New Injury Guidelines Recommend Wincing, Clutching Source of Pain


A national group of doctors and exercise physiologists today issued new guidelines for the treatment of sports injuries, recommending that injured athletes wince and clutch the site of the pain.

The guidelines reverse decades’ worth of advice on injury treatment, which until now had included things like ice and heat; compression; rest; and judicious use of over-the-counter pain medications.

“Yeah, none of that stuff works,” said Gavin MacLeod, president of the American Society of Sports Rehab People (ASSRP). “After looking at this issue from every possible angle, we have concluded that the single most effective approach to sports injuries is to stop, grab the body part that hurts, and wear a twisted mask of pain.”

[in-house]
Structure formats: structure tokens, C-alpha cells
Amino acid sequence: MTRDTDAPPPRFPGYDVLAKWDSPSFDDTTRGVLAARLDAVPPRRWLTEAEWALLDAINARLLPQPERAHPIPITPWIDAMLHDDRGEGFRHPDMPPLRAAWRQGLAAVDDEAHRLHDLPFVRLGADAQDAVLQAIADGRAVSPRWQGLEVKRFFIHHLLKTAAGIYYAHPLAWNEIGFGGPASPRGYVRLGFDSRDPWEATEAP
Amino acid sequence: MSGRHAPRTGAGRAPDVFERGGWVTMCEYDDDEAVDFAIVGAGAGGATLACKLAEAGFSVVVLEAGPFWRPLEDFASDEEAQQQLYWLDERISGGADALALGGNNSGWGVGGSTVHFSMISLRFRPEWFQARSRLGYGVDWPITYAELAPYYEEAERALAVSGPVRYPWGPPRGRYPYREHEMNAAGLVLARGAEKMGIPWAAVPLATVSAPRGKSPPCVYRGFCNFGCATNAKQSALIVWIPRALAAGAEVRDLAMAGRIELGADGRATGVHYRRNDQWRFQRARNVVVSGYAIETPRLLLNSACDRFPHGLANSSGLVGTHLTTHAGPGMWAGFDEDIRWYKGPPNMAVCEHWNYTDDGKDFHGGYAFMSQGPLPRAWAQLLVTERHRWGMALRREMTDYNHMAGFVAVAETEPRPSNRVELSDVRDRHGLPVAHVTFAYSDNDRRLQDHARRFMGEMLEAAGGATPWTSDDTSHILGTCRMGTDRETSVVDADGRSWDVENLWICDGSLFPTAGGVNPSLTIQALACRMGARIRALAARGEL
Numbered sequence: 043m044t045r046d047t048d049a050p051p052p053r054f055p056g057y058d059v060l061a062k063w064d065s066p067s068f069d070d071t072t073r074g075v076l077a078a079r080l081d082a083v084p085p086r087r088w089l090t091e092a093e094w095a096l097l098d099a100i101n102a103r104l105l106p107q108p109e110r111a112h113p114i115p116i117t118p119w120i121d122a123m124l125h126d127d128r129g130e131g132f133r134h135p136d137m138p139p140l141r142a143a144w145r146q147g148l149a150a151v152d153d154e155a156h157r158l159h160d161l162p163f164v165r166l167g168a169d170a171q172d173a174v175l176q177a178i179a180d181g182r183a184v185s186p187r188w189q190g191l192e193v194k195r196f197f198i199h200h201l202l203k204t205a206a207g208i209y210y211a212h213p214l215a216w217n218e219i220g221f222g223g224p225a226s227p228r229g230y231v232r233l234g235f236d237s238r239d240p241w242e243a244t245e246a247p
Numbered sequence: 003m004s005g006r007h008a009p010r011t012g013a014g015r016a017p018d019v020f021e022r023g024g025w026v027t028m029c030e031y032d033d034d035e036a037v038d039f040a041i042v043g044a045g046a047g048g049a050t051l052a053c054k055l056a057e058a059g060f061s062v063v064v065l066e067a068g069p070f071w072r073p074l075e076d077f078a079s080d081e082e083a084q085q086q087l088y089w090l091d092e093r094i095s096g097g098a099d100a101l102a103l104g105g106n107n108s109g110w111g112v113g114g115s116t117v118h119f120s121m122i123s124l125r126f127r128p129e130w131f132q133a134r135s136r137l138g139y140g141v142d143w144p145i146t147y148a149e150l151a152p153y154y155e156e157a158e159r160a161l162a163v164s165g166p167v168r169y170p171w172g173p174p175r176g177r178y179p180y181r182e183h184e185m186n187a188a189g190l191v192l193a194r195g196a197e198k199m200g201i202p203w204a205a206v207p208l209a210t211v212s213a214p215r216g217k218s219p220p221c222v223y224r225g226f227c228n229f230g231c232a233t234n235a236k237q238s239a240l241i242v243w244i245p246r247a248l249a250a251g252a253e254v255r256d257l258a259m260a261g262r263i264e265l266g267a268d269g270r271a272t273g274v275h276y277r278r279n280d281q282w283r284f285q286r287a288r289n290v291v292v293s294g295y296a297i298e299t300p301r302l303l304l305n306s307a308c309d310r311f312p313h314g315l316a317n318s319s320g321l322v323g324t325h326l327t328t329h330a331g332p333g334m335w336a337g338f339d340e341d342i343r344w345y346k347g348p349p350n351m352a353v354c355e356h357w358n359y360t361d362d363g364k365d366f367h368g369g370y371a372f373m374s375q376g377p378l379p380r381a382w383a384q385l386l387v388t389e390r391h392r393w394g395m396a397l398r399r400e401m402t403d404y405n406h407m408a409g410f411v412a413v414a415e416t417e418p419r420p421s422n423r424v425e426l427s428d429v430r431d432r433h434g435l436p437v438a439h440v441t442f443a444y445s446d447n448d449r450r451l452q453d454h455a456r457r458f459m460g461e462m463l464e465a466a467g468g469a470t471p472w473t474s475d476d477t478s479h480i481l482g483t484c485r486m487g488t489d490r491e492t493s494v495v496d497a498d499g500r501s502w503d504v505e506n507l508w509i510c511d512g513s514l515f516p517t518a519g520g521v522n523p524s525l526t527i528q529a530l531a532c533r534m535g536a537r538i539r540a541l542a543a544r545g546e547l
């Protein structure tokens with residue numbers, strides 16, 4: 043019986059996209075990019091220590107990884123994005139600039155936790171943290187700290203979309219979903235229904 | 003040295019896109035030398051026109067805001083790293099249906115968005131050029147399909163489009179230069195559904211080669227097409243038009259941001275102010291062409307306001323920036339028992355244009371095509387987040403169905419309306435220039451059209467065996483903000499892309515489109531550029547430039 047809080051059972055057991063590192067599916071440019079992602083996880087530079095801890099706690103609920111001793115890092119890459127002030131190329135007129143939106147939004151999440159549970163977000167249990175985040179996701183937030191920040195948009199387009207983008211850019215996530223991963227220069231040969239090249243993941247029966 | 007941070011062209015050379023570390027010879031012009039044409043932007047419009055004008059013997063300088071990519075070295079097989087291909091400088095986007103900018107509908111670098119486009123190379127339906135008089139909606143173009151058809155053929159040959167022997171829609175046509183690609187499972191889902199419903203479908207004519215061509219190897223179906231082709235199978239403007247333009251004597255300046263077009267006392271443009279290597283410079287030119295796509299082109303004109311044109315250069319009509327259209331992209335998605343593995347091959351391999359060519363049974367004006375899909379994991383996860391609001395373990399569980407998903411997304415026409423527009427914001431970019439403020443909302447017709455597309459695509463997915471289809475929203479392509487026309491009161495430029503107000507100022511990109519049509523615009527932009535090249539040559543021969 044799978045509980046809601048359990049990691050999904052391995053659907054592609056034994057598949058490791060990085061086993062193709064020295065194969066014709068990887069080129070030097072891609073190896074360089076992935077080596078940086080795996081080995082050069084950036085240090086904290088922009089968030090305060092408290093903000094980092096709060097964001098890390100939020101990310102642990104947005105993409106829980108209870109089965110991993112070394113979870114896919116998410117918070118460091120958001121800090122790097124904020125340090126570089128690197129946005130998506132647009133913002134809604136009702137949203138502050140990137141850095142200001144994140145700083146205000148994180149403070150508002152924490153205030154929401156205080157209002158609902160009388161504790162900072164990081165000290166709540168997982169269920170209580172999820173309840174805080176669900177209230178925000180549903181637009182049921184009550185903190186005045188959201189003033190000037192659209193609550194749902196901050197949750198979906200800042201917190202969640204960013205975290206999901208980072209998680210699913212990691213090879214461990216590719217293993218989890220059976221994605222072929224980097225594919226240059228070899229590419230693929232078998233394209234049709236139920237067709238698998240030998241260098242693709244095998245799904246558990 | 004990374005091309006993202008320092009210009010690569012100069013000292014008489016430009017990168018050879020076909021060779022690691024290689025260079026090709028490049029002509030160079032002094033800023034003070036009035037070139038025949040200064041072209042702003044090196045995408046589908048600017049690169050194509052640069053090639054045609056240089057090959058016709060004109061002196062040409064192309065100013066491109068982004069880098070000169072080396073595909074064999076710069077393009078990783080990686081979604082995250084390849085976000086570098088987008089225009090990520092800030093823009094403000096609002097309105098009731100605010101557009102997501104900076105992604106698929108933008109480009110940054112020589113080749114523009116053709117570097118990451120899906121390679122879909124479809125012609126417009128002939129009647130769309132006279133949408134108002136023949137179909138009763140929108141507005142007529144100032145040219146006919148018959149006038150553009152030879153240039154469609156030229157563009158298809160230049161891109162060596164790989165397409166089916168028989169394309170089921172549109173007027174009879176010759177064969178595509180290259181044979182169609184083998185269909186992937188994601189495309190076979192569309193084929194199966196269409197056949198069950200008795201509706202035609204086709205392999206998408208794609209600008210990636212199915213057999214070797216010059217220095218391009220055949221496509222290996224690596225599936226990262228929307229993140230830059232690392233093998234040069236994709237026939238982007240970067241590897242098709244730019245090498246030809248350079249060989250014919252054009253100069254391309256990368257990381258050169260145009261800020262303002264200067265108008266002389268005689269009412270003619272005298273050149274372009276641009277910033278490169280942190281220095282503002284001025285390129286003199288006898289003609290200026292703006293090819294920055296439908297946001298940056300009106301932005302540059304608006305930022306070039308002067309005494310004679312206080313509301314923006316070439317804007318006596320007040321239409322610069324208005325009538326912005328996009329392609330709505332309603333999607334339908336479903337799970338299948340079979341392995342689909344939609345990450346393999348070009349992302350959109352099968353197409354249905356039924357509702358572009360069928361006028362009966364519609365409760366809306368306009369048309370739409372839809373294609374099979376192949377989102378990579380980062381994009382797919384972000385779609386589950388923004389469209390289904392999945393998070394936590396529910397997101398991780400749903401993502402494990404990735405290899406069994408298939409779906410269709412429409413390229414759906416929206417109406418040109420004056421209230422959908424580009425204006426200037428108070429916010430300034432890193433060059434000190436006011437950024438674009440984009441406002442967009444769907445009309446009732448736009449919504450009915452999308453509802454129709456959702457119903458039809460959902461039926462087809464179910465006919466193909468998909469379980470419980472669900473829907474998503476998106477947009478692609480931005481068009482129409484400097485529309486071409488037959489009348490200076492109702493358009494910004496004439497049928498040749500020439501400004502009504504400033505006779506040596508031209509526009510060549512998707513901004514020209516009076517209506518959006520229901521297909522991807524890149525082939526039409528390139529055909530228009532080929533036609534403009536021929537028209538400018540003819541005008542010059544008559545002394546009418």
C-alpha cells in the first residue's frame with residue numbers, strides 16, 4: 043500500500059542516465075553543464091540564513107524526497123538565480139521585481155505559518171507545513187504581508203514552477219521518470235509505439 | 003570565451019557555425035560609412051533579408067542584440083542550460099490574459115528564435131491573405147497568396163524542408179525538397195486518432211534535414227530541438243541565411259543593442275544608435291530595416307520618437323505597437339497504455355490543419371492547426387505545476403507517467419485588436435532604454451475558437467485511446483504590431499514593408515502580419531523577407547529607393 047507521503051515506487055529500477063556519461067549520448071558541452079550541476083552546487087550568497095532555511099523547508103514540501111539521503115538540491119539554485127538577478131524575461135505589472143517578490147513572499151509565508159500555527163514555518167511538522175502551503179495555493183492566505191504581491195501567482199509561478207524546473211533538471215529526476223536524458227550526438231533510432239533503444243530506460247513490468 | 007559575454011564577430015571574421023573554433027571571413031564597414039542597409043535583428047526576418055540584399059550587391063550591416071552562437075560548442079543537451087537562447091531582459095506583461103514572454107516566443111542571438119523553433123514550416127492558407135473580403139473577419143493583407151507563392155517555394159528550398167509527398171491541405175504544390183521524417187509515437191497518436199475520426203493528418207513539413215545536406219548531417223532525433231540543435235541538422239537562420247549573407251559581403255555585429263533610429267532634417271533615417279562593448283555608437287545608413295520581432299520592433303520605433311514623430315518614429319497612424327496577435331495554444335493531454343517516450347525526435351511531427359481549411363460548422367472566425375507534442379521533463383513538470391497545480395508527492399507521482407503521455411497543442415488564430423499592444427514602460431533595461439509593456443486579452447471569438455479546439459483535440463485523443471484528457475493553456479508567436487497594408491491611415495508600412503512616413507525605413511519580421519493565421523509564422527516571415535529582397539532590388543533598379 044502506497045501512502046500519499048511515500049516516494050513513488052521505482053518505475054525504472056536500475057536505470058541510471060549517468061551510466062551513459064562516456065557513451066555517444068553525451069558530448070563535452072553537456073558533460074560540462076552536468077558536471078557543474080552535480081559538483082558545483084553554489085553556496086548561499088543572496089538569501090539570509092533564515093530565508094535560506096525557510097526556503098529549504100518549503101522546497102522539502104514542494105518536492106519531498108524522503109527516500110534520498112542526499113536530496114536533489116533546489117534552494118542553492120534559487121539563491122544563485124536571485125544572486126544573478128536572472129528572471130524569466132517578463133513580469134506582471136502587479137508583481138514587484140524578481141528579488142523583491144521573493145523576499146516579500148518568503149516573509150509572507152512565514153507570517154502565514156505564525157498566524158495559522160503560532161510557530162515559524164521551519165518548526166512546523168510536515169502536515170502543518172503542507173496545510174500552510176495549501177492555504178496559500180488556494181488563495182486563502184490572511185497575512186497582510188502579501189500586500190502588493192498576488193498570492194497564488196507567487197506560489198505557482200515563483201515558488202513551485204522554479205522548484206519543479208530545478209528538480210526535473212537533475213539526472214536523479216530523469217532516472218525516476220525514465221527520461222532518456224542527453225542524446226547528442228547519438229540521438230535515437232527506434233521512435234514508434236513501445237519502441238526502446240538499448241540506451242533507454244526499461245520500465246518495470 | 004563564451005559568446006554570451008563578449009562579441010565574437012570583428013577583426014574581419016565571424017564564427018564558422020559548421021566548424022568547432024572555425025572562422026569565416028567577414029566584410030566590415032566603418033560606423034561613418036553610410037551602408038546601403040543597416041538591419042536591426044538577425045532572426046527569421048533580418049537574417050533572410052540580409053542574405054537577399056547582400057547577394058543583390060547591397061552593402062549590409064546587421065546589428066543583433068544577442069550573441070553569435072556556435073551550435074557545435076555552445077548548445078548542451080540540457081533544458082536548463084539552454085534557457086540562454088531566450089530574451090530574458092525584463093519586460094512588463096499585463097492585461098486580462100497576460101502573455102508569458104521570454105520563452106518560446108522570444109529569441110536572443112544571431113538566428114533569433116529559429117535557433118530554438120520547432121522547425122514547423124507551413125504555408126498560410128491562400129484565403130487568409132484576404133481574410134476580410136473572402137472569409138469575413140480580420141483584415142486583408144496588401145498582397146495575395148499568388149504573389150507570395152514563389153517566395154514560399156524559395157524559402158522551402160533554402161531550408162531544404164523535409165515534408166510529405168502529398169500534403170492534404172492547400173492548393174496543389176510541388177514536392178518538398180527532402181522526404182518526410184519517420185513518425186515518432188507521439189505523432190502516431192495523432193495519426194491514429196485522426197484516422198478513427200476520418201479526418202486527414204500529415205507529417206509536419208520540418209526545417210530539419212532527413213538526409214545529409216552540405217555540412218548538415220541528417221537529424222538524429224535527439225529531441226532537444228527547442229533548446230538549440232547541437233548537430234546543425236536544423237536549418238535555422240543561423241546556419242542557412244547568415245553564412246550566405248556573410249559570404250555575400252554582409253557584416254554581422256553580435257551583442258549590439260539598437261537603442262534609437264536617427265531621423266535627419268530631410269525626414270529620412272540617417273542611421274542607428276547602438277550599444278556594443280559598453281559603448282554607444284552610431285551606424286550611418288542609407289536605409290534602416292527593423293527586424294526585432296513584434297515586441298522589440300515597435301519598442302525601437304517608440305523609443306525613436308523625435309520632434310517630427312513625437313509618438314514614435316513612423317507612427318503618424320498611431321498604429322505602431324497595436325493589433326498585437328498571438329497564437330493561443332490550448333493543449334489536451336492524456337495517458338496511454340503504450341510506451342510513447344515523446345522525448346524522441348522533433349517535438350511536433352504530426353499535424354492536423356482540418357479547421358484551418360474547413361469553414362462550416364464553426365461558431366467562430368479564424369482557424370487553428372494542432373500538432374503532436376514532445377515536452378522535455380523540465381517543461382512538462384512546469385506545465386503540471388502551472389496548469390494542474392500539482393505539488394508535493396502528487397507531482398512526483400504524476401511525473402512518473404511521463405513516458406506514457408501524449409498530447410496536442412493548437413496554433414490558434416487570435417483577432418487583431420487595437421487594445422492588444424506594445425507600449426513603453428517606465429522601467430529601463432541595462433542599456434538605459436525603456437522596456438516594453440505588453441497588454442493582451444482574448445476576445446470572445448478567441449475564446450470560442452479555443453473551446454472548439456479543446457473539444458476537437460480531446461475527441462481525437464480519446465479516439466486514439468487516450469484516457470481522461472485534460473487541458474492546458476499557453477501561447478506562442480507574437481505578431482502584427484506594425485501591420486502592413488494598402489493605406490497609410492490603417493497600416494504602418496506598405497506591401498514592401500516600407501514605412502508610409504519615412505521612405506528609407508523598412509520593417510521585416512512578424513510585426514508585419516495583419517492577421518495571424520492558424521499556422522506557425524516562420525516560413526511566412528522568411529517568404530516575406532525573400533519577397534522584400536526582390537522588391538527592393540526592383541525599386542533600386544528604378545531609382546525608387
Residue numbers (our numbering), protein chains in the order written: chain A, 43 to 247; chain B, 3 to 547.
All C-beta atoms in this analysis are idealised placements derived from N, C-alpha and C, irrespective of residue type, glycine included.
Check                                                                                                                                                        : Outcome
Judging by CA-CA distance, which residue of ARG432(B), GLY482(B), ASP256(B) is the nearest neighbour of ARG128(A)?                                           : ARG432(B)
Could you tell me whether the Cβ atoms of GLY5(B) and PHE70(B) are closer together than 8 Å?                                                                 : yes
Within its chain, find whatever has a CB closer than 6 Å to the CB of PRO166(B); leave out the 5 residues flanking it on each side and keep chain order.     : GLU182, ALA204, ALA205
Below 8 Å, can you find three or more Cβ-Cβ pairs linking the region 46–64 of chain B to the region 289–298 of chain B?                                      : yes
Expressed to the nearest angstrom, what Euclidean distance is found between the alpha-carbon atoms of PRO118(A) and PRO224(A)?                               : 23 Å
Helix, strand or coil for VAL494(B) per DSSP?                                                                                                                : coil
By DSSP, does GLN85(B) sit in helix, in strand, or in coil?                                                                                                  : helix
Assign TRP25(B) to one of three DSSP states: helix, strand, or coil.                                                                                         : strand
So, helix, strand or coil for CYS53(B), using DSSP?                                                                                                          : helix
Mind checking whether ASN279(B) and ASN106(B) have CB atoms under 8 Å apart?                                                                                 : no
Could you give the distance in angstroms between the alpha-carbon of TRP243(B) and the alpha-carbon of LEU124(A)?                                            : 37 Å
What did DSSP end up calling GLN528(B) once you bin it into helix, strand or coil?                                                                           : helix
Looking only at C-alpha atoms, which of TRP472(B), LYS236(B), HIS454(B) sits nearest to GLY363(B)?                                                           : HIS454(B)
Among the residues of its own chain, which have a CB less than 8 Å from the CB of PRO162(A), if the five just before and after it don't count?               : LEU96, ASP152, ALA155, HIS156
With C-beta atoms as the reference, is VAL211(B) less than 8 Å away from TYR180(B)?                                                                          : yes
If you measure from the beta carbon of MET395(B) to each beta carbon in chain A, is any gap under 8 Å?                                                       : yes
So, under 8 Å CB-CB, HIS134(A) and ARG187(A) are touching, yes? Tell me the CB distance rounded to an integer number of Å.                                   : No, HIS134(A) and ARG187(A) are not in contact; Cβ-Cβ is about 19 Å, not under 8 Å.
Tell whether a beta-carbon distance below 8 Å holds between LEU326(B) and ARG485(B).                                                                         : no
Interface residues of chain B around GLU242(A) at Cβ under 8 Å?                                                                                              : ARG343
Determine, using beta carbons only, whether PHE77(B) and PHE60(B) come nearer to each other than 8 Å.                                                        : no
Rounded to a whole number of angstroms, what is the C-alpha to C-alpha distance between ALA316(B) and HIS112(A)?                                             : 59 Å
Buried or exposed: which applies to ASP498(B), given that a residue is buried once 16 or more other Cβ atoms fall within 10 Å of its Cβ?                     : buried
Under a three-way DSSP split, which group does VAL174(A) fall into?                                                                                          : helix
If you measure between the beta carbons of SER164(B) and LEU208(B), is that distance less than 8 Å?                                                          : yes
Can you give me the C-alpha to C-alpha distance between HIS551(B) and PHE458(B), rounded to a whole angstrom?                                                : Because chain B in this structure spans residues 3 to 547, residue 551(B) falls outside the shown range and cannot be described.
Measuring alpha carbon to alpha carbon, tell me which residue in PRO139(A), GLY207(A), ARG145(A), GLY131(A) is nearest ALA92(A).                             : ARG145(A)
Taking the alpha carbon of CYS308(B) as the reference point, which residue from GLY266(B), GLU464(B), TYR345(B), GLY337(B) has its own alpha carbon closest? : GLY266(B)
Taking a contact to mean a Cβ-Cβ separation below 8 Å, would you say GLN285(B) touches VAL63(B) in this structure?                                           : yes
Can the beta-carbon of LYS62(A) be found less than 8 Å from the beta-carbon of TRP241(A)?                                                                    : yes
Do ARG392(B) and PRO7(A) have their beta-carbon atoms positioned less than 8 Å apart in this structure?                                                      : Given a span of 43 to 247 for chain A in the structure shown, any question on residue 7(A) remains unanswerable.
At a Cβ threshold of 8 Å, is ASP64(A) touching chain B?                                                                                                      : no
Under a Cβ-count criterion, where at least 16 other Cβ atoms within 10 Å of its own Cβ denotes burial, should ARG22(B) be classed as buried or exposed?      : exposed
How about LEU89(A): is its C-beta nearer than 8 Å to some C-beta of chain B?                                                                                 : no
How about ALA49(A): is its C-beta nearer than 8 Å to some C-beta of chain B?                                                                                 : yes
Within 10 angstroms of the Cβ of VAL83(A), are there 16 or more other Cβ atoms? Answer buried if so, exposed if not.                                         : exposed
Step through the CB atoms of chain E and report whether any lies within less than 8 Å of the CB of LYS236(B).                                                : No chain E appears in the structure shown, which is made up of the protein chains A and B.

Depending on the severity of the injury, said MacLeod, these steps may be performed while standing, crouching, sitting, or lying on the ground.

“Your body will tell you which approach is called for,” he said. “Listen to your body.”

Cursing, he added, is optional.

Doctors aren’t sure how wincing and clutching alleviates pain, but some speculate the two acts may spur the release of endorphins, “feel good” substances produced by the central nervous system and pituitary gland.

Whatever the mechanism, ASSRP is urging athletes and doctors alike to embrace the new guidelines. The group said it plans a public education campaign encouraging injured athletes to “Wince ‘n’ Clutch.”

A sheepish MacLeod also apologized “for all those years of telling people to ice and rest and stuff.”

“Ha ha,” he said. “Yeah. Sorry.”